When they were asked to design a manager's bungalow in 1959 on the Strathspey Estate near Maskeliya, at the foot of Adam's Peak in one of the most remote parts of the Tea Country, Bawa and Plesner found themselves creating not a prototype but one of the last of its kind, a memorial to a fast-disappearing way of life.
A tea-estate bungalow can be compared to the concept of villa suburbana developed by Andrea Palladio; it is like a noble villa situated at the centre of a working farm. Indeed the design that Plesner and Bawa developed owes something to the Palladian tradition: the bungalow is contained within a formal perimeter of walls and outhouses, overlooking the estate but distanced from it and combining beauty with convenience. The atrium is employed not as a focus of peace in a hostile urban environment but more as a safe haven within a stockaded enclosure at the edge of a wilderness.
The plan was conceived as a rectangular enclosure, subdivided to create a hierarchy of three courtyards. The entrance gate is signalled by a tall square water tower of white painted rubble at the south-western corner of the enclosure. It leads into an entrance court and is on axis with the main door to the house itself, which occupies slightly more than half the enclosure and focuses on an internal north south atrium surrounded by a continuous loggia. The main rooms of the house are all arranged around the courtyard with views out towards the north, east and south, while the kitchens and service rooms are located in the west wing. Mono-pitch roofs slope gently in towards the atrium so that the external eaves cantilever up from the perimeter walls as if to draw in the vast panorama of sky and mountain An open verandah between the dining and living rooms frames views towards the north and can be screened off from both rooms or from the outer garden by a system of sliding panels.
The bungalow was built by a local contractor and most of the materials were found on or near the site: the walls of white-painted rubble have large openings infilled with glass or timber and the floors are of polished black stone. Today the house is shrouded by trees and neat rows of vegetables have replaced the old croquet lawns.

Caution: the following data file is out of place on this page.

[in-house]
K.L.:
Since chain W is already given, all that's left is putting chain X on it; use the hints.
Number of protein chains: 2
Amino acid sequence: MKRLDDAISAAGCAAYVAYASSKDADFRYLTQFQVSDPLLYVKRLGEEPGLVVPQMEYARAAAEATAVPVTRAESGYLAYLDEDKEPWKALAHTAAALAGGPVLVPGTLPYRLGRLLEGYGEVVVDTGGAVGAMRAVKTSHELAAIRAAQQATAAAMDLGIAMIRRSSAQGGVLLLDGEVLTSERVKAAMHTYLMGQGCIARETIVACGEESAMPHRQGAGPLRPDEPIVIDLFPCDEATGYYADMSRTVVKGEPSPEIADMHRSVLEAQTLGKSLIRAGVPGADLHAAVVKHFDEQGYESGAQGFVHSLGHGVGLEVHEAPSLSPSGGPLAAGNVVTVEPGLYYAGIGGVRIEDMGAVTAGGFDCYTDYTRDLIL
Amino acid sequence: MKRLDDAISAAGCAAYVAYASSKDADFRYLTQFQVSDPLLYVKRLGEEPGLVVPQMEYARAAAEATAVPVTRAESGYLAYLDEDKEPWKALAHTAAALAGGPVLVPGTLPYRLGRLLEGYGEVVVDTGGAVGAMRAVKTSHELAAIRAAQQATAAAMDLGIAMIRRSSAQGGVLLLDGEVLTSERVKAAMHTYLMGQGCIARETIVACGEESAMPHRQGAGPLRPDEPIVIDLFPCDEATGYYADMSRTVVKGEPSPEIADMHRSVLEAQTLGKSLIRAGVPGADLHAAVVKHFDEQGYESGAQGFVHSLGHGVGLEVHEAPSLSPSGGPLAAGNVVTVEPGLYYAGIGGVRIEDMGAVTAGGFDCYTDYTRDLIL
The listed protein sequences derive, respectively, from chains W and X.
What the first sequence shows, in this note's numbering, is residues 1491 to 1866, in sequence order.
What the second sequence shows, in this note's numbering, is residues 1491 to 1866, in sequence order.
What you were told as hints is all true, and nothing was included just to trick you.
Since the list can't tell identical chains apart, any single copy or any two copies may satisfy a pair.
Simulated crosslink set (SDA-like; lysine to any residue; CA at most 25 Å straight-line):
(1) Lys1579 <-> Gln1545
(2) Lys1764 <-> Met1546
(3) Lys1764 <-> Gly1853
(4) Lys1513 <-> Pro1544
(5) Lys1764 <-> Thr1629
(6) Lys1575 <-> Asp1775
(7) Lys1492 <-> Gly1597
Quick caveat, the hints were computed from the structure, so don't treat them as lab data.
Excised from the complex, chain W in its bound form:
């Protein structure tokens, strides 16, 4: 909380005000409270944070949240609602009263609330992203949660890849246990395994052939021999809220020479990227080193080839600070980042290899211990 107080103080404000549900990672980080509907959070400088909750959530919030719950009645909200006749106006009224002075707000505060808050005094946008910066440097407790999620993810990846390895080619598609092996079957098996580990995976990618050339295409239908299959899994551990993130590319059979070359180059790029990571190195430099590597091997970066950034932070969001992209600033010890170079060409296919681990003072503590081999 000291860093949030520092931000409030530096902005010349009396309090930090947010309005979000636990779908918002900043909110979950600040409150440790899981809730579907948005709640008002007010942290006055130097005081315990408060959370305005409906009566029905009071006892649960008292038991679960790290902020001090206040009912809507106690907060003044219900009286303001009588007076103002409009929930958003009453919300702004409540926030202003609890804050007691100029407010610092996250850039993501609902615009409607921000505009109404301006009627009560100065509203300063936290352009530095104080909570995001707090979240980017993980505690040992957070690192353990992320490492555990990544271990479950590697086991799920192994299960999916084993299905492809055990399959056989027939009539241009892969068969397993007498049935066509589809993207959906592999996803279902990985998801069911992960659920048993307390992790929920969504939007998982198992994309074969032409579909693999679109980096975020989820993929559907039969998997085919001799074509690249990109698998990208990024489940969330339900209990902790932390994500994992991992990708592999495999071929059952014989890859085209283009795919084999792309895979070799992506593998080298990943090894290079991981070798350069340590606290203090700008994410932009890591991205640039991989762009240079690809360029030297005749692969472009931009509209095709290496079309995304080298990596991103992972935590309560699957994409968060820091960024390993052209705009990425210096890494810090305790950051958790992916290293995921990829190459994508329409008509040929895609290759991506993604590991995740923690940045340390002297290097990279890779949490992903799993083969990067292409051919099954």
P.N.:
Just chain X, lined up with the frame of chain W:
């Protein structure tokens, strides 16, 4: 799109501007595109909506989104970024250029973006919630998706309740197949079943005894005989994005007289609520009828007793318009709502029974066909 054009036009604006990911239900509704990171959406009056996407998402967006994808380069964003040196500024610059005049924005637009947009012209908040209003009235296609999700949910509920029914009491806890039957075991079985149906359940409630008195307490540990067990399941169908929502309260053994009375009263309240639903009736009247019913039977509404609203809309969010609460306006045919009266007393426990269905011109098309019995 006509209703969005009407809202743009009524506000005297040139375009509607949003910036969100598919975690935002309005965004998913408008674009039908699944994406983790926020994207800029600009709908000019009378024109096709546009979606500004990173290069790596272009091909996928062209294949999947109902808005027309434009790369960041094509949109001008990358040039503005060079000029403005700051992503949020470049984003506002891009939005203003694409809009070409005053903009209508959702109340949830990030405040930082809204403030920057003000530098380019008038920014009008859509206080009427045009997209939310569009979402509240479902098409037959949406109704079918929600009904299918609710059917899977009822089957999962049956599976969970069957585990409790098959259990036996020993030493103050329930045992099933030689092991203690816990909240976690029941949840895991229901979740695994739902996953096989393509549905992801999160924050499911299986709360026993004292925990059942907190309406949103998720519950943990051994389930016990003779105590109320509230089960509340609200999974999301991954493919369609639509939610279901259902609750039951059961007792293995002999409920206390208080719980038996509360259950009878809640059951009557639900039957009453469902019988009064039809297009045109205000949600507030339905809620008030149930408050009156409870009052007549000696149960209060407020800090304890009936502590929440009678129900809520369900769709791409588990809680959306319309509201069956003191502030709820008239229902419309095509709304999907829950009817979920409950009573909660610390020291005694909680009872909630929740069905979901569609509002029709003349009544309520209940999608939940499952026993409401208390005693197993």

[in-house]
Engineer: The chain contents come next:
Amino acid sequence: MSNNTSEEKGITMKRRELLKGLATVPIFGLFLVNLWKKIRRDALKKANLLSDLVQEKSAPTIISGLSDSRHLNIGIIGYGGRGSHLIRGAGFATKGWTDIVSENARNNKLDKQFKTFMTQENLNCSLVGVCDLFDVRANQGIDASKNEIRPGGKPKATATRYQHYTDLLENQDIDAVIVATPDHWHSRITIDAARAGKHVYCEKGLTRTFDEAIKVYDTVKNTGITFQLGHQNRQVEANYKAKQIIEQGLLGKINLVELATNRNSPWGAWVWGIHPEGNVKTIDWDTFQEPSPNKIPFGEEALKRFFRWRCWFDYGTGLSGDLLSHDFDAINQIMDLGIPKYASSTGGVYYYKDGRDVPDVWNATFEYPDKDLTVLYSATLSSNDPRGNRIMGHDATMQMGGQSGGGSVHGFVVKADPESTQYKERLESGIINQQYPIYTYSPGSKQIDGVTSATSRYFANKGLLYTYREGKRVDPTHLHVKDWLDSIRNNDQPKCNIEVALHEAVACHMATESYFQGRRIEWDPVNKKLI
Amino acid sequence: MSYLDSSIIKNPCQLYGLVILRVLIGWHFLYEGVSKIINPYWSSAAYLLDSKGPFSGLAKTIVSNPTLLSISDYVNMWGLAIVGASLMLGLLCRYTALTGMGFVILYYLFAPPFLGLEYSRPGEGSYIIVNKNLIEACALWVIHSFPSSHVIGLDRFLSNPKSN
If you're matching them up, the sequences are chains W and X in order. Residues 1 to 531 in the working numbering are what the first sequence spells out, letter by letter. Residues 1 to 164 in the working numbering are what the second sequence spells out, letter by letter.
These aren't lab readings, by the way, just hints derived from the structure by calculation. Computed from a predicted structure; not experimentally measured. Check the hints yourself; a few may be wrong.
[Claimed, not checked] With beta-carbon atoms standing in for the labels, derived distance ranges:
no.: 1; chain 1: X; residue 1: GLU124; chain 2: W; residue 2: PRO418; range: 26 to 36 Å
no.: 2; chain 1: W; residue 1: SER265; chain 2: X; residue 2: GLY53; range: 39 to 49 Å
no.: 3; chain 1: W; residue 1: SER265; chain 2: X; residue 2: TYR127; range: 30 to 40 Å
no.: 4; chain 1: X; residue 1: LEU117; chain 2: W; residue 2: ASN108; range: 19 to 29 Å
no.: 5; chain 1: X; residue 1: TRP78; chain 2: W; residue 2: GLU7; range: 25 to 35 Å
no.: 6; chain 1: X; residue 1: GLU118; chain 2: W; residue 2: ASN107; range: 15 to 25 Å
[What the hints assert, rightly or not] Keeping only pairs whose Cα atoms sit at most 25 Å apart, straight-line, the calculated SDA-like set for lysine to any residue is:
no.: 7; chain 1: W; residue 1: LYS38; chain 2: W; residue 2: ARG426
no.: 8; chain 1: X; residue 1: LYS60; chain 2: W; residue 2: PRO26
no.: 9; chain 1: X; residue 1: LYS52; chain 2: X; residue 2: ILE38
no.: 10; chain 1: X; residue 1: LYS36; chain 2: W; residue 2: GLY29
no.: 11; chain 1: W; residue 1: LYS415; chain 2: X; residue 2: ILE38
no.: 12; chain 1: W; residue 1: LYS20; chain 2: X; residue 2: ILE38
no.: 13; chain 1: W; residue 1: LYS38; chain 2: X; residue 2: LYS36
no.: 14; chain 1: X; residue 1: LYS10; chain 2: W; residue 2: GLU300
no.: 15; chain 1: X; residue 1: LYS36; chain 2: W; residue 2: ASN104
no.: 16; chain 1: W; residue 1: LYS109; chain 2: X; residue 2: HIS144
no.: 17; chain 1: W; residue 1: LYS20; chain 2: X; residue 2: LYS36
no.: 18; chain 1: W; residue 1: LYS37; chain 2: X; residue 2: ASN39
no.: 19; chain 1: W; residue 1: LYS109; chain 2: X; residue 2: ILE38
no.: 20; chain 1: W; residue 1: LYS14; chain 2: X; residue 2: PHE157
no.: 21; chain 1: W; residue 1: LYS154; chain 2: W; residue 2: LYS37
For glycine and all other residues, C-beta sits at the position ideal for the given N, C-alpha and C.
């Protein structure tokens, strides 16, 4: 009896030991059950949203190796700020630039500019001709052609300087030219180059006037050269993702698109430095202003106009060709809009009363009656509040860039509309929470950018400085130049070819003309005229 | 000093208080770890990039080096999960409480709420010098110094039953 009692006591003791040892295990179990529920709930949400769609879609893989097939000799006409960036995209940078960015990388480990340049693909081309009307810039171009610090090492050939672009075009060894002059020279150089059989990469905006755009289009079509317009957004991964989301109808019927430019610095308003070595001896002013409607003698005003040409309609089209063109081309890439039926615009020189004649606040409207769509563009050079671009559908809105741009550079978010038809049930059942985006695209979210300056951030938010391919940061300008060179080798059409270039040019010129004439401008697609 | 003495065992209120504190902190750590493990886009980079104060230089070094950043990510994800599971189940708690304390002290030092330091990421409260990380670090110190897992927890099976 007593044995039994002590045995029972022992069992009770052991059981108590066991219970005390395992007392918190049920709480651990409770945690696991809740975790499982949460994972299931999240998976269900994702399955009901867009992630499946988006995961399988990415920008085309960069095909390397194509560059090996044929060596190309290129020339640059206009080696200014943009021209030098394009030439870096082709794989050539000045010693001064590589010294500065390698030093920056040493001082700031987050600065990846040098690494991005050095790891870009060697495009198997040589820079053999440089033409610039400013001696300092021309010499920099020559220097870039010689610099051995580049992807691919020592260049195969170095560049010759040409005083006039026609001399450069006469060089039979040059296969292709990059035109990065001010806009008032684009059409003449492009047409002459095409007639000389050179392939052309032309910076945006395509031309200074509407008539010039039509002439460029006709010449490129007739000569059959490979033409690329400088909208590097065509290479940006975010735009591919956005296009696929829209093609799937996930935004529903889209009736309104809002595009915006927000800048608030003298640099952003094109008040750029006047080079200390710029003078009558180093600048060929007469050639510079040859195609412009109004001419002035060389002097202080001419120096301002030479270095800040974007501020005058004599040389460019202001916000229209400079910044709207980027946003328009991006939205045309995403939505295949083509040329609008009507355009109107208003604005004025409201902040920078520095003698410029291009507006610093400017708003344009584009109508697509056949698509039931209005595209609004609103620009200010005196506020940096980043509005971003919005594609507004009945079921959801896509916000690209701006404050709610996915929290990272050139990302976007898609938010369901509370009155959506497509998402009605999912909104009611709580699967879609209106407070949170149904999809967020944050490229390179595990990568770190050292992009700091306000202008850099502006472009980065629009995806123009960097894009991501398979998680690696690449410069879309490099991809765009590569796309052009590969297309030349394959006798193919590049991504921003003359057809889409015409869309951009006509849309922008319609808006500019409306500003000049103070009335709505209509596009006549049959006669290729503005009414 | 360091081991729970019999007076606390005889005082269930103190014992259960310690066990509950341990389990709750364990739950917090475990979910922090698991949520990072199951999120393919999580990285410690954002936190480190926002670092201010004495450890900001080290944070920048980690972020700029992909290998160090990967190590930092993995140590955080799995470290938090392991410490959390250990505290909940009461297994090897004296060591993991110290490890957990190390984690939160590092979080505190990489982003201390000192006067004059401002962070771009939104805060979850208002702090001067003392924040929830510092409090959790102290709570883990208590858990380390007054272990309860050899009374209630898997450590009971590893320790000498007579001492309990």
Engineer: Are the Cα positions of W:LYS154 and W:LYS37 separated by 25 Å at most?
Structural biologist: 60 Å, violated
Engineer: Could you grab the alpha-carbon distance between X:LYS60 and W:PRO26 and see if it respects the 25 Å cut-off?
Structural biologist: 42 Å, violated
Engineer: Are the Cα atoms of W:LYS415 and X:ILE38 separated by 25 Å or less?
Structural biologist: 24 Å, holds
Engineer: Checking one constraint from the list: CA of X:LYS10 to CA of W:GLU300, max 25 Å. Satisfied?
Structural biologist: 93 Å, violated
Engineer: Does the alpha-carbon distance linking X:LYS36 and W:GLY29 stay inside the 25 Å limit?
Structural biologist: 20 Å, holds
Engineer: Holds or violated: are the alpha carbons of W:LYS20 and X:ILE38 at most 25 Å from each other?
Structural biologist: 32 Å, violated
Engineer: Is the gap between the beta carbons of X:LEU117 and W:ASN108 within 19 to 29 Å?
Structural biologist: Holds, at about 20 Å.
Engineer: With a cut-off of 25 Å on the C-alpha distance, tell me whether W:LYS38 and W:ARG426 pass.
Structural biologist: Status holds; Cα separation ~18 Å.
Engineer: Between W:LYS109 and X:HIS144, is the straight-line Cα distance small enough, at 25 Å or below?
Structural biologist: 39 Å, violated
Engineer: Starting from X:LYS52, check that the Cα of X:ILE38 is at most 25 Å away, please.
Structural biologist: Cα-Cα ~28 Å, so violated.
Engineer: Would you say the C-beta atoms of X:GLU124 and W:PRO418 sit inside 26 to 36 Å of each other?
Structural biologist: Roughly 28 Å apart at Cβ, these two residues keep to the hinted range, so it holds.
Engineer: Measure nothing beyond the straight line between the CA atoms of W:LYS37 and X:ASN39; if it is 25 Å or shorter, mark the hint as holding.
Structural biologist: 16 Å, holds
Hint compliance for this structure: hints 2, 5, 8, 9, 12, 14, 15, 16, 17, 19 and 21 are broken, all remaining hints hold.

Source: Robson, David. 2002. Geoffrey Bawa: The Complete Works. London: Thames & Hudson, p. 73.
Robson, David. “Genius of the Place: The Buildings and Landscapes of Geoffrey Bawa.” In Modernity and Community: Architecture in the Islamic World, edited by Philippa Baker, 17-48. London: Thames & Hudson, 2001.
Geoffrey Bawa is Sri Lanka's most prolific and influential architect. His work has had tremendous impact upon architecture throughout Asia and is unanimously acclaimed by connoisseurs of architecture worldwide. Highly personal in his approach, evoking the pleasures of the senses that go hand in hand with the climate, landscape, and culture of ancient Ceylon, Bawa brings together an appreciation of the Western humanist tradition in architecture with needs and lifestyles of his own country. Although Bawa came to practice at the age of 38, his buildings over the last 25 or more years are widely acclaimed in Sri Lanka. The intense devotion he brings to composing his architecture in an intimate relationship with nature is witnessed by his attention to landscape and vegetation, the crucial setting for his architecture. His sensitivity to environment is reflected in his careful attention to the sequencing of space, the creation of vistas, courtyards, and walkways, the use of materials and treatment of details.
Source: Khan, Hassan-Uddin. 1995. In Contemporary Asian Architects. Köln: Taschen Books. Robson, David. 2001. The Aga Khan Award for Architecture Chairman's Award.